Contrary to how he’s portrayed on TNA TV, Jeremy Borash is more than a weaselly talking head looking to stir up trouble during backstage interviews. Off-camera, he’s a veteran of the business whose goal is to use his experience to help make TNA the best it can be.
After a successful career radio that began in his teens, Borash’s first foray into professional wrestling was with WCW, where he hosted the company’s internet show. As time went on, his responsibilities grew and he soon became one of the company’s head writers. His friendships forged with Jeff Jarrett and Bob Ryder remained after the company folded, and it was that threesome that came up with the concept of TNA Wrestling. The origins of the company were documented in the DVD release TNA: Year One.
“I just watched the DVD (recently),” Borash told SLAM! Wrestling in an exclusive sit-down. “After watching it, I thought it was fairly accurate in its description of (the genesis of TNA). But the emotion of what it was like for us back then was very hard to capture. To have a bunch of people say, ‘It was the hardest year of our life’ conveys a good story, but I don’t think anything can compare to living through it.”
The strategy of financing itself through weekly pay-per-views was a huge gamble, he explained, simply because it had never been done that way before. While the company had its doubters, he noted that the key principals were united in their vision.
“The common thread among the very first people who were involved in TNA — Jeff Jarrett, Dixie Carter, Jerry Jarrett, Bob Ryder, myself — is that we never gave it any second thoughts. We never thought it was going to go belly up. We couldn’t even think about that.”
Looking back, Borash is glad that the perseverance and the passion of those involved paid off, and incredibly proud of what the company has accomplished in the past six years.
“Every day,” he beamed, “I wake up and I’m thankful to the Lord above that he allowed it to survive, and that it’s going to continue to prosper.”
One of the highlights in the past year, and an indication of where the company has progressed to, was the live Impact taping that took place in March. It was a night that Borash was excited to be a part of.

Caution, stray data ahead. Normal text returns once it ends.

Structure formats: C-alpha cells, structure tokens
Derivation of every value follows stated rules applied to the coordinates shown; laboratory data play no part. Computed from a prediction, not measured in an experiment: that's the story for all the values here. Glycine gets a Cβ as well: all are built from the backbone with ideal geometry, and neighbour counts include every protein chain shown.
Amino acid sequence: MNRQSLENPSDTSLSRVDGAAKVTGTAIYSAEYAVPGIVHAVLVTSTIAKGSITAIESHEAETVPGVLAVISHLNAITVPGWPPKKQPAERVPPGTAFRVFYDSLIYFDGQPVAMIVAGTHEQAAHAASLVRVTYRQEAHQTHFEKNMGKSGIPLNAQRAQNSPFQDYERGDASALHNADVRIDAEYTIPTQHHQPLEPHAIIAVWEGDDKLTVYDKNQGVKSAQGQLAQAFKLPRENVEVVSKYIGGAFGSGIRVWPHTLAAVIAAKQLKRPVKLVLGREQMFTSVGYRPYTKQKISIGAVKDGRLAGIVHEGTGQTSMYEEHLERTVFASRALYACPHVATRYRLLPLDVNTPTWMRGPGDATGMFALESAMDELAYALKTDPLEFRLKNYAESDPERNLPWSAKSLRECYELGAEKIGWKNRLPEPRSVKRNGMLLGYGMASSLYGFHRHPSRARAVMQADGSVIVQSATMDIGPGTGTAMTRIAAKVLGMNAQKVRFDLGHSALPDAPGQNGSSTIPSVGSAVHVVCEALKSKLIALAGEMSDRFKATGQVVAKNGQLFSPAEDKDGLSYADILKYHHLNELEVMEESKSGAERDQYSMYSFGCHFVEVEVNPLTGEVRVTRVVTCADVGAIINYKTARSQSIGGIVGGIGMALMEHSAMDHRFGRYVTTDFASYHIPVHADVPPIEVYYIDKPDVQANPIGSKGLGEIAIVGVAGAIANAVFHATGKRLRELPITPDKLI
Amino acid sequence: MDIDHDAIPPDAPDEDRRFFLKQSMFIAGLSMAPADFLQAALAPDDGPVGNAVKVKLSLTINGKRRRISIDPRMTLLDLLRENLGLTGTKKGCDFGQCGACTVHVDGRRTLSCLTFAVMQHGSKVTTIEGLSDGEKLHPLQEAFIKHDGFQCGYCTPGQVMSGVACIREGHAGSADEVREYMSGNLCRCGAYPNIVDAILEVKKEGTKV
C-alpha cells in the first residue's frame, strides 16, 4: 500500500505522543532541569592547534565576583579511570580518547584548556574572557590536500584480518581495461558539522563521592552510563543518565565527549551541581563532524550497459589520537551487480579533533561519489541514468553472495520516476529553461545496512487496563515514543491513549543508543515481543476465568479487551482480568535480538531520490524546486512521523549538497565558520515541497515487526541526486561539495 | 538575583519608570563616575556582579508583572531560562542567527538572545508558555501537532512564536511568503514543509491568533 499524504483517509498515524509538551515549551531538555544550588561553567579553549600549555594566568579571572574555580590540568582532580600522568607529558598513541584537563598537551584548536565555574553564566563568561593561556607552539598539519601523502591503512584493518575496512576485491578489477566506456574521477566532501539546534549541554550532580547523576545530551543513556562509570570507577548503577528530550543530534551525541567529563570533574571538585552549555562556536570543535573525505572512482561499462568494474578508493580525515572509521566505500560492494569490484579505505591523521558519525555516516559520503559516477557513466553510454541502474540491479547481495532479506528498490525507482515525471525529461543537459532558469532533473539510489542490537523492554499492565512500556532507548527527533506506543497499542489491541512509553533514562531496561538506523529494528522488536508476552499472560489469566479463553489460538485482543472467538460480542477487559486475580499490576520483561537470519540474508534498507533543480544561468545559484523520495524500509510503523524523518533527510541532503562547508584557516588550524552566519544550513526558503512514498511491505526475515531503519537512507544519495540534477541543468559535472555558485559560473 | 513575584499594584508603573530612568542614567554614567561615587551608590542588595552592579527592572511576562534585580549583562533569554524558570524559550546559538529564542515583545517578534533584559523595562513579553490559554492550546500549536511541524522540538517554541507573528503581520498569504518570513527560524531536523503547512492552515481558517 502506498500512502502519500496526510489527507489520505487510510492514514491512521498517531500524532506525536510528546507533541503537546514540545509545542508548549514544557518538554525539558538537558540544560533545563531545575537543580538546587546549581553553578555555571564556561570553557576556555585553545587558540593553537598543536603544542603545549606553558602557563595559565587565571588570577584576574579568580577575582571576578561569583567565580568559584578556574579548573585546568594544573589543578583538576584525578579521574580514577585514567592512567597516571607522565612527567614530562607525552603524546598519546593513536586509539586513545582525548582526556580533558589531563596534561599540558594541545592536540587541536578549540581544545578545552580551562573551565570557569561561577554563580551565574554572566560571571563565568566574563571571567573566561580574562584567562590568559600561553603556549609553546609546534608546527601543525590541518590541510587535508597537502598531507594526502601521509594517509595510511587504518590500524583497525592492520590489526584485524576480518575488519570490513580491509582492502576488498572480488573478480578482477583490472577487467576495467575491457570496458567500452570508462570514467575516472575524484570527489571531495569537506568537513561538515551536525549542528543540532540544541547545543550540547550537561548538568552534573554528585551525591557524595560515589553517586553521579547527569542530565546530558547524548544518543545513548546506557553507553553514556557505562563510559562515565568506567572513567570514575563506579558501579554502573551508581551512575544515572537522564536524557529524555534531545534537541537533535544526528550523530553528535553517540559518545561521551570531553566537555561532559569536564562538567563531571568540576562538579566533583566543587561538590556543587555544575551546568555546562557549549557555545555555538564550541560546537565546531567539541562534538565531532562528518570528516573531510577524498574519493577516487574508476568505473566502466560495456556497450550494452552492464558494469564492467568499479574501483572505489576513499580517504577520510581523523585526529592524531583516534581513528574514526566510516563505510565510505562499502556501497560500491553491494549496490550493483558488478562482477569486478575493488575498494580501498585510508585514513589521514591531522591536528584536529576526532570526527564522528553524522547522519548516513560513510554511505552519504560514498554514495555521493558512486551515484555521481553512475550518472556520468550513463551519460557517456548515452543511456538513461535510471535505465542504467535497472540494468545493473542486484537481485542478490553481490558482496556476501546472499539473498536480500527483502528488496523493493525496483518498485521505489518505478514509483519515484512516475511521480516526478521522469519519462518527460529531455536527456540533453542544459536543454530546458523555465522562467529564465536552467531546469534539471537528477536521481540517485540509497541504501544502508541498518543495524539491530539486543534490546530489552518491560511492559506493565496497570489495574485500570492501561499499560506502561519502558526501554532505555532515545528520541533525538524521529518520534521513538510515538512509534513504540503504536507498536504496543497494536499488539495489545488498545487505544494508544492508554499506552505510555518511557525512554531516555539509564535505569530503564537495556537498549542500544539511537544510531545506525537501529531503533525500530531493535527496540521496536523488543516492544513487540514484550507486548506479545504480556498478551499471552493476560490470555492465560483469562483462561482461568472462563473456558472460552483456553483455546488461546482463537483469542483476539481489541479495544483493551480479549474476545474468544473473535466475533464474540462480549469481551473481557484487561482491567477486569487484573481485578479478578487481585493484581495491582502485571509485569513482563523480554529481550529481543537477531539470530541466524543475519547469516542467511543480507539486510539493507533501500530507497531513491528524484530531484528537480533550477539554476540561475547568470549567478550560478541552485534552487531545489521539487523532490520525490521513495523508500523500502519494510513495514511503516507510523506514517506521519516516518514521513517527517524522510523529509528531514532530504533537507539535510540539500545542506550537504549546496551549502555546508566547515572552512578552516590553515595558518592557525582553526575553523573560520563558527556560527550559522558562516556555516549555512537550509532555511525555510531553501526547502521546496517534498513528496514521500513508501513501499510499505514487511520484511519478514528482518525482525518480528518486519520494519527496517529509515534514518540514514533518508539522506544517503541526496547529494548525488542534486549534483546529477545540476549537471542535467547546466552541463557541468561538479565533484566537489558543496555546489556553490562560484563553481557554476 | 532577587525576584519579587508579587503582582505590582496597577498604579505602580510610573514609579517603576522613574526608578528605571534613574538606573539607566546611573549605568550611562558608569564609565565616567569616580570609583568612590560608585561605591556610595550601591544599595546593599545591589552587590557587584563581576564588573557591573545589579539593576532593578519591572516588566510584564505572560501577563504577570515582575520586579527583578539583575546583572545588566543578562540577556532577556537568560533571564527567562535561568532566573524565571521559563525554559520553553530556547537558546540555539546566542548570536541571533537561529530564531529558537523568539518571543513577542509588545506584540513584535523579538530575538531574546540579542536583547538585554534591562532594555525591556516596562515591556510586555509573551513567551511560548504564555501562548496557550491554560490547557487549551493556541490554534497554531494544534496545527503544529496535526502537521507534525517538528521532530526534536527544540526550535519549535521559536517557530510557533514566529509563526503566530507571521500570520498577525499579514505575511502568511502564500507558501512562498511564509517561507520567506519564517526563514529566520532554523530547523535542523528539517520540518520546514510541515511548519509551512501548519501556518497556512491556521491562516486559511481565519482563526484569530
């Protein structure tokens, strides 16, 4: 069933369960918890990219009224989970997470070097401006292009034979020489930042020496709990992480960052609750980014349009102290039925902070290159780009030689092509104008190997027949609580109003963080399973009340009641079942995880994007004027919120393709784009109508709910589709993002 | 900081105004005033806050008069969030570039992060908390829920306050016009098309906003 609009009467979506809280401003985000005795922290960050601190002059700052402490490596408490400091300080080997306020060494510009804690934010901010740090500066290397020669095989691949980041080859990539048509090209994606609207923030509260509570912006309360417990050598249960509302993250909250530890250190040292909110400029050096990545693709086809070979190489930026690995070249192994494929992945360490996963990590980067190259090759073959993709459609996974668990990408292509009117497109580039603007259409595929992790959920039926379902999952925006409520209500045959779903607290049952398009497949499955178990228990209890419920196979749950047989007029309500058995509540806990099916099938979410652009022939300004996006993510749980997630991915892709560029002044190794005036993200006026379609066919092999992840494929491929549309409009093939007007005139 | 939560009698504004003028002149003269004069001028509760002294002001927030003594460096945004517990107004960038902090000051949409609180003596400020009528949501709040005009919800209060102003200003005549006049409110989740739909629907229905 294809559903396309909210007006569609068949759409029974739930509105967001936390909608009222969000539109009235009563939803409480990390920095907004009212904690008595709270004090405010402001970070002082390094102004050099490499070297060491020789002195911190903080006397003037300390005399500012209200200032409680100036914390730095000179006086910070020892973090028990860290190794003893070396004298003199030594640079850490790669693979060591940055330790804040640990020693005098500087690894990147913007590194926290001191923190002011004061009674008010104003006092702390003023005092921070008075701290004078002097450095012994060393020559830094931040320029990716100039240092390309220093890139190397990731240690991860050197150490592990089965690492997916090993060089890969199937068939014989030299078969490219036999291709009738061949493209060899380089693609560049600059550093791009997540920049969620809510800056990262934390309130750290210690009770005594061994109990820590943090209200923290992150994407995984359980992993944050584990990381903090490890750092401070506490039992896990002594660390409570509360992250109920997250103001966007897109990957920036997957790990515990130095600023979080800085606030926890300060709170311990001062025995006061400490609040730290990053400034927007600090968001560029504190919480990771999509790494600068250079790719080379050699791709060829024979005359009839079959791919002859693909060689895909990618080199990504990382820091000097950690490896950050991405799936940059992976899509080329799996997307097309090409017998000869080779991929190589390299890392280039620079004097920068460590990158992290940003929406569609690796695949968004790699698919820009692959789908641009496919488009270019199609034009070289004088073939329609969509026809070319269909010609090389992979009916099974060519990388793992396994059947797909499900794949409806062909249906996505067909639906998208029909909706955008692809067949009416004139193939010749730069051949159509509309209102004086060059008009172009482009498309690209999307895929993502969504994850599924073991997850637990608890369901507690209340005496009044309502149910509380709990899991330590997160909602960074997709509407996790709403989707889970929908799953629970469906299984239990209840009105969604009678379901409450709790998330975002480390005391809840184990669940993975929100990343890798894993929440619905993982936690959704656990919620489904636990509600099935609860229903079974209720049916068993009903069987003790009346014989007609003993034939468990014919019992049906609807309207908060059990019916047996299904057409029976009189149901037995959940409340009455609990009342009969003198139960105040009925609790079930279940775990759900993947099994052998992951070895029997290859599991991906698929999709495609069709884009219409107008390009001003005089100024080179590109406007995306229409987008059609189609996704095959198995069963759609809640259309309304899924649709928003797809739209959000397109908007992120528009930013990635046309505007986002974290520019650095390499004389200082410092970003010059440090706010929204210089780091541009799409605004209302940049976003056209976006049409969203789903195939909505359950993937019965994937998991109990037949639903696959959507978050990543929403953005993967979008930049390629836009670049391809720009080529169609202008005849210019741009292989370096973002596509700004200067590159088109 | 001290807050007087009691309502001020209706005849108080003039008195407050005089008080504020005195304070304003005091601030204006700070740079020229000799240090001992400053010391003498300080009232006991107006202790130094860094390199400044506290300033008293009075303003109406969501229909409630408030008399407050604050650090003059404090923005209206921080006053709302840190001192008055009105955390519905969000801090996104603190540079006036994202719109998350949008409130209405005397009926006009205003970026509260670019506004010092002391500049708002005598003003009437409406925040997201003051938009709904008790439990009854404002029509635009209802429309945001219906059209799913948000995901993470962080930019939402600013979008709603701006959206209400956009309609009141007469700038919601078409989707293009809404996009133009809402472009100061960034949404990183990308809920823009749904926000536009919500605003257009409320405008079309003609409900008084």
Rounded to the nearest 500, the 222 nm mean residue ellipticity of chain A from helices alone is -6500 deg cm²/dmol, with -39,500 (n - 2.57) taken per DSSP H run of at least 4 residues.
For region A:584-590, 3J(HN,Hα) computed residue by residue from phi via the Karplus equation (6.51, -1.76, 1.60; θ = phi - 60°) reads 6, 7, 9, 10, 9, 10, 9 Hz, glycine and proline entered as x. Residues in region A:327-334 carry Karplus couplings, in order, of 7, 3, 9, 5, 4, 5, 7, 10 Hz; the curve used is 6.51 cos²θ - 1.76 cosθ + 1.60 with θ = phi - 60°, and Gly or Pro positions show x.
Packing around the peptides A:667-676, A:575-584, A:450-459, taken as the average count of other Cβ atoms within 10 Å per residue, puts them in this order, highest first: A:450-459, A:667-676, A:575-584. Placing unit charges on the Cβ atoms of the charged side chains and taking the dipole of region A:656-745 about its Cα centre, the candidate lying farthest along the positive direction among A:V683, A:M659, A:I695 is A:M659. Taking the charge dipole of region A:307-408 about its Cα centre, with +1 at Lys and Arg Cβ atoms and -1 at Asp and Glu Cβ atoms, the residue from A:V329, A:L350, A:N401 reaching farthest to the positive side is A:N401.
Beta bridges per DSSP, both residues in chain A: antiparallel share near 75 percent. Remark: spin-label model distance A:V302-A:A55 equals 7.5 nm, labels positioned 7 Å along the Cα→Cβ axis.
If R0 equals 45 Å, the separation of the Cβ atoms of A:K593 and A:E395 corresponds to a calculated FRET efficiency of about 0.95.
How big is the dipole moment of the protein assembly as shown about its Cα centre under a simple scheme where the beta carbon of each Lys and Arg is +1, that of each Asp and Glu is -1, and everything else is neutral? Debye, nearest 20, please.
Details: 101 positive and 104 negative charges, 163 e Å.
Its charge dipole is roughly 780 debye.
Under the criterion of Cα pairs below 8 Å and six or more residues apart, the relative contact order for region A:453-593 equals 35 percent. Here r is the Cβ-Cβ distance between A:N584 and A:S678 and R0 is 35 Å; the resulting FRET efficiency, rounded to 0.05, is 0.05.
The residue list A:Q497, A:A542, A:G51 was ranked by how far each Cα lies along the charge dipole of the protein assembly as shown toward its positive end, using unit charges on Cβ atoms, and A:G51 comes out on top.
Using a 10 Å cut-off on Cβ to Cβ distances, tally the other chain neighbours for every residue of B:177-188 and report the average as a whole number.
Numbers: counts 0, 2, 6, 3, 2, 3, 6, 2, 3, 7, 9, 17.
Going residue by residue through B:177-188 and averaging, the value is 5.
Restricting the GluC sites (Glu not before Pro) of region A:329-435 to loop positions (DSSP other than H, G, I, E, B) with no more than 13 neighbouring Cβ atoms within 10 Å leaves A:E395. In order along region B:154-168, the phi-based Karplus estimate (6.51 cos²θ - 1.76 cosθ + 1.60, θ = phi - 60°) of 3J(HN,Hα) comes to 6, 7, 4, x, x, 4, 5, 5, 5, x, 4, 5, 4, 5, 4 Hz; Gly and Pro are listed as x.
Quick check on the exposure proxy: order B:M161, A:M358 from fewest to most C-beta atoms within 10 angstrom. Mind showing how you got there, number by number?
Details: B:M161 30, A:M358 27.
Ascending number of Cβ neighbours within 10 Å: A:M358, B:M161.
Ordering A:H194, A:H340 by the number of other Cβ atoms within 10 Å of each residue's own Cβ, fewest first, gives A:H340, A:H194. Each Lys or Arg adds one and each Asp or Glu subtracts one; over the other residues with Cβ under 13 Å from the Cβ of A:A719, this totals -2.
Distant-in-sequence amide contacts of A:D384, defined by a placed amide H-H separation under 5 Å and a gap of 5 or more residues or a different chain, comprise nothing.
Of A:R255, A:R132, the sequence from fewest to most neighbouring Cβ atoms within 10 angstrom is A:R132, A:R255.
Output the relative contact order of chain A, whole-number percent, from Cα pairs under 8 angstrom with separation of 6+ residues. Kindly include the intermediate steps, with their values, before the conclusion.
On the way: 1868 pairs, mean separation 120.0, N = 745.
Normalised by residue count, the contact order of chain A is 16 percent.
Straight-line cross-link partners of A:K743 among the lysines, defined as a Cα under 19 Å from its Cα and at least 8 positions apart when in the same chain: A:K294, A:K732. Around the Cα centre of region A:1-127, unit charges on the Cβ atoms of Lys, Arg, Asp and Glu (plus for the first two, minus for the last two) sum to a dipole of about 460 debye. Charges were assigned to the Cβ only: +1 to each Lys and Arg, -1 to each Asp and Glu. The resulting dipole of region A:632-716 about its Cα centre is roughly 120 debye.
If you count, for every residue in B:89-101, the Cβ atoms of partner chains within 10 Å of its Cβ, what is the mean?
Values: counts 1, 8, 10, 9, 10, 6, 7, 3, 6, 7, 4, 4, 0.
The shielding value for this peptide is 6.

“The day of the live Impact taping, I was probably more nervous than I’d ever been in the past five years, possibly more than I’d ever been in my ten years in wrestling,” Borash said. “I think it’s because a lot of other people were nervous, and that kind of thing is contagious.”
It’s undetermined whether the experiment is going to lead to more live shows in the past — they haven’t done one since — but if need be, Borash claimed the company has proved it will be ready.
“If there was ever any doubt that we could do it,” he said, “I think we showed we can. Our staff, our crew, our production crew — from David Sahadi to our director — they’ve been involved in 17 of the 24 WrestleManias — so they know what live TV is about. A lot of the talent have done live weekly shows (in WCW or WWE). Keith Mitchell has done more wrestling than anyone else on earth, in a production truck. So can we do live TV? I think we proved it, and from that standpoint, the night was a home run.”
While their weekly TV shows have since remained rooted in Orlando, the company has taken major strides in going on the road for other live events, including going abroad, with an upcoming trip to the United Kingdom, and a successful string of shows in Quebec and Ontario last December. Those dates were a definite highlight for the company, he noted.
“I am hoping to go back (to Canada),” he said without hesitation. “We’ve been getting rave reviews about our house shows — and the four nights we did last year in Quebec and in Oshawa, that’s where it started. I would credit that run in Canada as being the kickoff of us knowing that we could really put on great house shows. We got the confidence from those shows that we could do a great show even in front of 4,000 people. I definitely want to come back.”